On the afternoon of the 2nd April 2014 both Dr Ann Hardy and Gionni Di Gravio of the University of Newcastle (Australia) were invited to visit the archaeological excavations at the former Tattersalls site at 9 Watt Street Newcastle.
Their guide on the tour was Tim Adams, Senior Archaeologist and Excavation Director with Umwelt (Australia) Pty Ltd.
Tide Waiter’s Residence (c.1820s)
The site of 9 Watt Street has been in near continuous use since the inception of Newcastle’s European settlement, with occupation on the site recorded as early as the 1820s with the Tide Waiter’s Residence. The Tide Waiter would have acted much like the town’s customs officer of the time, and inspected ships arriving the harbour, and docking at the wharf once situated at the end of Watt Street (now somewhere under the roundabout near Newcastle Railway Station).
The residence is thought to have comprised a stone house built back from the street frontage. The adjacent block on the corner of Watt and Scott streets has been the location of a hotel since 1823 when the Ship Inn was constructed on the site now occupied by the Great Northern Hotel.
No remains have been discovered of the Tide Waiters Residence, as it is believed that the excavations in the 1930s to construct the Tattersalls Club removed all remains at that level of the site. The only remains discovered were a cesspit and a circular water cistern that was photographed in a article in the Newcastle Herald from the 22nd January 2014 p.2 and also appears in the 1897 Water Board plans.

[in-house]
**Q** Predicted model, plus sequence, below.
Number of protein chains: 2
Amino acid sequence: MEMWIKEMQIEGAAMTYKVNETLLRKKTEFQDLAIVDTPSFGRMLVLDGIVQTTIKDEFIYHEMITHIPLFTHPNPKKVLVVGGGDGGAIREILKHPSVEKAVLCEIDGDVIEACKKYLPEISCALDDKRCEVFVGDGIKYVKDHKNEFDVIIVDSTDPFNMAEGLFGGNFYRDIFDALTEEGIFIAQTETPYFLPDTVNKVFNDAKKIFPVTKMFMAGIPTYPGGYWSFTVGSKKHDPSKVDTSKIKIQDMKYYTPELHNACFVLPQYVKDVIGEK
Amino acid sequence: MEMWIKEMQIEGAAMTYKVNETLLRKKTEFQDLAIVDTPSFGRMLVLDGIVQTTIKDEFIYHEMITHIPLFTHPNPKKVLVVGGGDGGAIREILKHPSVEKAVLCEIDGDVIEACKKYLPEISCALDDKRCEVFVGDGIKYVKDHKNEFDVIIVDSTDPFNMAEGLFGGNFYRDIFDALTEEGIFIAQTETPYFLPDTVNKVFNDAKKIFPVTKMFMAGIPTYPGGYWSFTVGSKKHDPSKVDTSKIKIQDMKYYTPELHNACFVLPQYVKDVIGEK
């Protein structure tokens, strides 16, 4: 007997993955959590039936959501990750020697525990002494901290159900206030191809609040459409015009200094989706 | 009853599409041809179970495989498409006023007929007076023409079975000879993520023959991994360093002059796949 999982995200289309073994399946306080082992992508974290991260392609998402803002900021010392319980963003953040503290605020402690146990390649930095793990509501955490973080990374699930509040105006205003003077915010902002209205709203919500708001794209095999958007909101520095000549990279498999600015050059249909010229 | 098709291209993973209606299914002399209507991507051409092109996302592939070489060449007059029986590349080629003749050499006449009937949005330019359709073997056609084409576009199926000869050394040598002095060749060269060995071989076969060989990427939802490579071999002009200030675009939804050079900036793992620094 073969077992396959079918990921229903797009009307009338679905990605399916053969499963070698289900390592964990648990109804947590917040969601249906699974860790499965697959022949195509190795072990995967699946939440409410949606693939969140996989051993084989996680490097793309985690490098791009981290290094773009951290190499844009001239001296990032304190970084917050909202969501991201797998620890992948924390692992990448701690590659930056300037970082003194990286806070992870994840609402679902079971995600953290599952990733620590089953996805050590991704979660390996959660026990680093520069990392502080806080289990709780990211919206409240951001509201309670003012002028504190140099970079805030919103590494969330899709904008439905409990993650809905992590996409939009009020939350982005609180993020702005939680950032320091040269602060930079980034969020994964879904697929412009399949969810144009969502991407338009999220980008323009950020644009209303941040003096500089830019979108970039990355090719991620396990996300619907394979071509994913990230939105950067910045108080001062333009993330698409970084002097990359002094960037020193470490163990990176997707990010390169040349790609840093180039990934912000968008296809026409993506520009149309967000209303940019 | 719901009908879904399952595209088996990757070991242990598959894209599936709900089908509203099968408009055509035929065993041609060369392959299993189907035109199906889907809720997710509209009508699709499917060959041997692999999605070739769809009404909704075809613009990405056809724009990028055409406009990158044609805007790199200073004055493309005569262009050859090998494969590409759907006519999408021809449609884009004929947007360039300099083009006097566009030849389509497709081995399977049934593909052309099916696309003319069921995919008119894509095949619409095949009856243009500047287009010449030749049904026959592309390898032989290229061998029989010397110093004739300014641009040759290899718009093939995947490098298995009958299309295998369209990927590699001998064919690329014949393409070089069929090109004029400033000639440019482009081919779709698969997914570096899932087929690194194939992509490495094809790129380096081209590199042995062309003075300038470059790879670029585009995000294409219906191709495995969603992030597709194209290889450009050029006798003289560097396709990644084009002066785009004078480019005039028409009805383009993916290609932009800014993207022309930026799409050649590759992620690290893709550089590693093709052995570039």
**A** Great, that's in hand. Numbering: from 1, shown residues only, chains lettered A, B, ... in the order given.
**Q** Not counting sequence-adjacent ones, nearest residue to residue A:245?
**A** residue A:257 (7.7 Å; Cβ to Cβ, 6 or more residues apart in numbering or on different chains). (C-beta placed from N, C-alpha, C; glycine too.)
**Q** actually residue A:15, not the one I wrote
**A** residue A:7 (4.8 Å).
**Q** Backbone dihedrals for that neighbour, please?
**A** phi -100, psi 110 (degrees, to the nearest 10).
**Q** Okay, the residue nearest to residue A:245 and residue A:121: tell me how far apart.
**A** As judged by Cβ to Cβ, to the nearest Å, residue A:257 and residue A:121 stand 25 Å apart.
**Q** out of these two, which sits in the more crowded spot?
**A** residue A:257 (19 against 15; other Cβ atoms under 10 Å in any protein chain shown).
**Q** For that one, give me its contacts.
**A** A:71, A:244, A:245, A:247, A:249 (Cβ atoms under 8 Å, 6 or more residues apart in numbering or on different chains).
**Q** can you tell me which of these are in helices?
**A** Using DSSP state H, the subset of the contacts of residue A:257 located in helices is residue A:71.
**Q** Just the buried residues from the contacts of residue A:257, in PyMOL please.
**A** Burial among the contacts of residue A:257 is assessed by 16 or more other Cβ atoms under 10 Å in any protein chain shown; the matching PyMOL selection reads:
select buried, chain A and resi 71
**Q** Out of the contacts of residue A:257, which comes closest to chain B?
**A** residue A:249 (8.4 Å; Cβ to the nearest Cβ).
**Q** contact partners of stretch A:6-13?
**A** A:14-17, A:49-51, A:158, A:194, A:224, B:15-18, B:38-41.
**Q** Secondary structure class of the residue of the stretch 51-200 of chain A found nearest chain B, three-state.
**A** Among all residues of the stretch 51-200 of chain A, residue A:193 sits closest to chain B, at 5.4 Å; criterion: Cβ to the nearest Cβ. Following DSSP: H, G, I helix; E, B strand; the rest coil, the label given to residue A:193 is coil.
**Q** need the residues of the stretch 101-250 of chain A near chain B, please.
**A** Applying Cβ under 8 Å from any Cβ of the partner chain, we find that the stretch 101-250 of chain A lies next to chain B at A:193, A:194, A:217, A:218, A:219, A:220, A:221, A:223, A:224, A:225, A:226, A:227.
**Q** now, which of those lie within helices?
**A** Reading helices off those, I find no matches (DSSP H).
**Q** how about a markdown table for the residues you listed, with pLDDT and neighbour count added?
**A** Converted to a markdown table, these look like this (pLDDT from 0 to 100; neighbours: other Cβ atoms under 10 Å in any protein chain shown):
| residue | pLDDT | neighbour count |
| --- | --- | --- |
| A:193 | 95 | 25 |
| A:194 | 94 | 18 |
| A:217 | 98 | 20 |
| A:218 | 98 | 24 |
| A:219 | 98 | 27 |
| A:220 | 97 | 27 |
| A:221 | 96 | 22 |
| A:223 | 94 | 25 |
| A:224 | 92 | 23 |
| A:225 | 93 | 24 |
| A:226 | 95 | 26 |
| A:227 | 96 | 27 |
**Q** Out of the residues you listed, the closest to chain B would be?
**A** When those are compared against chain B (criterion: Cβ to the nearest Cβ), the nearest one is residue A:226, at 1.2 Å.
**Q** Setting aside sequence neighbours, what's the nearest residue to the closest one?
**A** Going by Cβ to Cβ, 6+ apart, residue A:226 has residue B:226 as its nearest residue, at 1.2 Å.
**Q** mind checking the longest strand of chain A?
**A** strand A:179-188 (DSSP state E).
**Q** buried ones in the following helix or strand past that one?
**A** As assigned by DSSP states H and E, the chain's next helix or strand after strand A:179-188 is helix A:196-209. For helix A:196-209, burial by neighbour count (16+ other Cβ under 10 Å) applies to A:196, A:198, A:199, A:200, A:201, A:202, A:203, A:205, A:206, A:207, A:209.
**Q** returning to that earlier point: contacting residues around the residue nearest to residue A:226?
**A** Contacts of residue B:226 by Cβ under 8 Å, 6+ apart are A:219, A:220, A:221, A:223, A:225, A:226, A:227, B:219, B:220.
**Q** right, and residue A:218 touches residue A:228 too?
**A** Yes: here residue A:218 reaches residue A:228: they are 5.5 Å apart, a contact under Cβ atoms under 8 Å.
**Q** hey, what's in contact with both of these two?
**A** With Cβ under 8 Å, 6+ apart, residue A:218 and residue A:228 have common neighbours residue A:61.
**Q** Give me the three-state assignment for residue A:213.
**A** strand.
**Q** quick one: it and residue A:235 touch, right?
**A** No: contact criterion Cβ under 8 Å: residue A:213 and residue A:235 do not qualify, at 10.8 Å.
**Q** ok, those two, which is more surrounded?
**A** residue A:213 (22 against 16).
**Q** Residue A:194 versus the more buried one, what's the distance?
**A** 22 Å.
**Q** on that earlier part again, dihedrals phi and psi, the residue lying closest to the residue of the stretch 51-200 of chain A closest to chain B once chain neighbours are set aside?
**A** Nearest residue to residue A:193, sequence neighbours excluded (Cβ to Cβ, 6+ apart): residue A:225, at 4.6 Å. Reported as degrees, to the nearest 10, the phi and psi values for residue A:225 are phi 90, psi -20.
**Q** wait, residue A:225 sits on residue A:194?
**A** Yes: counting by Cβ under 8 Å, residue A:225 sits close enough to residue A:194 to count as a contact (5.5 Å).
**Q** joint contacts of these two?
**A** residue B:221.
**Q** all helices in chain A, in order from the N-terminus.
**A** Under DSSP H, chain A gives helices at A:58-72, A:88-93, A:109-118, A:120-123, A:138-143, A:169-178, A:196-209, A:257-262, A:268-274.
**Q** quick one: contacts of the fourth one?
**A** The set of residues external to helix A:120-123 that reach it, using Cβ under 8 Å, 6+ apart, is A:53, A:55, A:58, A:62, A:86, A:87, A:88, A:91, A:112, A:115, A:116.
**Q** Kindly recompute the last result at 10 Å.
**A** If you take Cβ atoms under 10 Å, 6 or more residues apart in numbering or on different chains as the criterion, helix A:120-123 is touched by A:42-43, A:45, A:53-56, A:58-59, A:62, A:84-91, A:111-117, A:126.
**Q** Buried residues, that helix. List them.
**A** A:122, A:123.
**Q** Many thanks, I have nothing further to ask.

Alexander Walker Scott’s Newcastle House (1838)
Alexander Walker Scott (an entrepreneur, natural scientist and one of Newcastle prominent business identities) is reported to have constructed ‘a fine mansion’ known as Newcastle House on the site of the Tide Waiter’s Residence in approximately 1838. (Heritas 2003: 4)
In addition Scott purchased land in Stockton where he constructed a salt works, a woollen textile mill and an iron foundry. He also owned Ash Island in the Hunter River estuary near Hexham. He and his family lived in a small cottage on the island following the economic depression of the early 1840s when they had to leave their Watt Street residence. The sandstone foundations of this structure still remain, and were incorporated as part of the new banking premises that were later erected.
Bank of NSW (1853)
Newcastle House was purchase by the Bank of N.S.W. in 1853 with the Bank relocating into the Watt Street building in 1856. In 1870 a ‘new banking premises’ was built on the site which is thought to have incorporated parts of Scott’s original Newcastle House. (Heritas 2003: 5-6)
Tattersall’s Club (1934)
In 1934 the Bank of N.S.W. building was sold to the Newcastle Tattersall’s Club. The Tattersall’s Club had been formed in 1869 by a group of bookmakers who wanted to stage races at the Newcastle Jockey Club when it was not being used for regular race meetings (Heritas 2003: 8)
Rear of 11 Watt Street Newcastle
The more interesting site was to be found around the corner at the rear of 11 Watt Street. It contains an existing rectangular structure, probably a private building, erected in the 1820s and marked on John Armstrong’s 1830 plan.
This building was later the premises of James Clark, Sailmaker, during the 1870s to the 1880s. The trench discovered, along with an intricate series of drainage works needs further investigation and study before we can fully ascertain what is going on there. In the trench was found much saw dust material pointing to its possible use in timber cutting or ship building possibly.
A couple of oddities were discovered on the site. Firstly at the rear of the site in a square trench was discovered an up ended baby cow, and closeby, a burial of a small pet with a crucifix(?), the remains were housed in a bottle, and may have been some sort of small creature like a bird. A chemical analysis will eventually tell us what it is.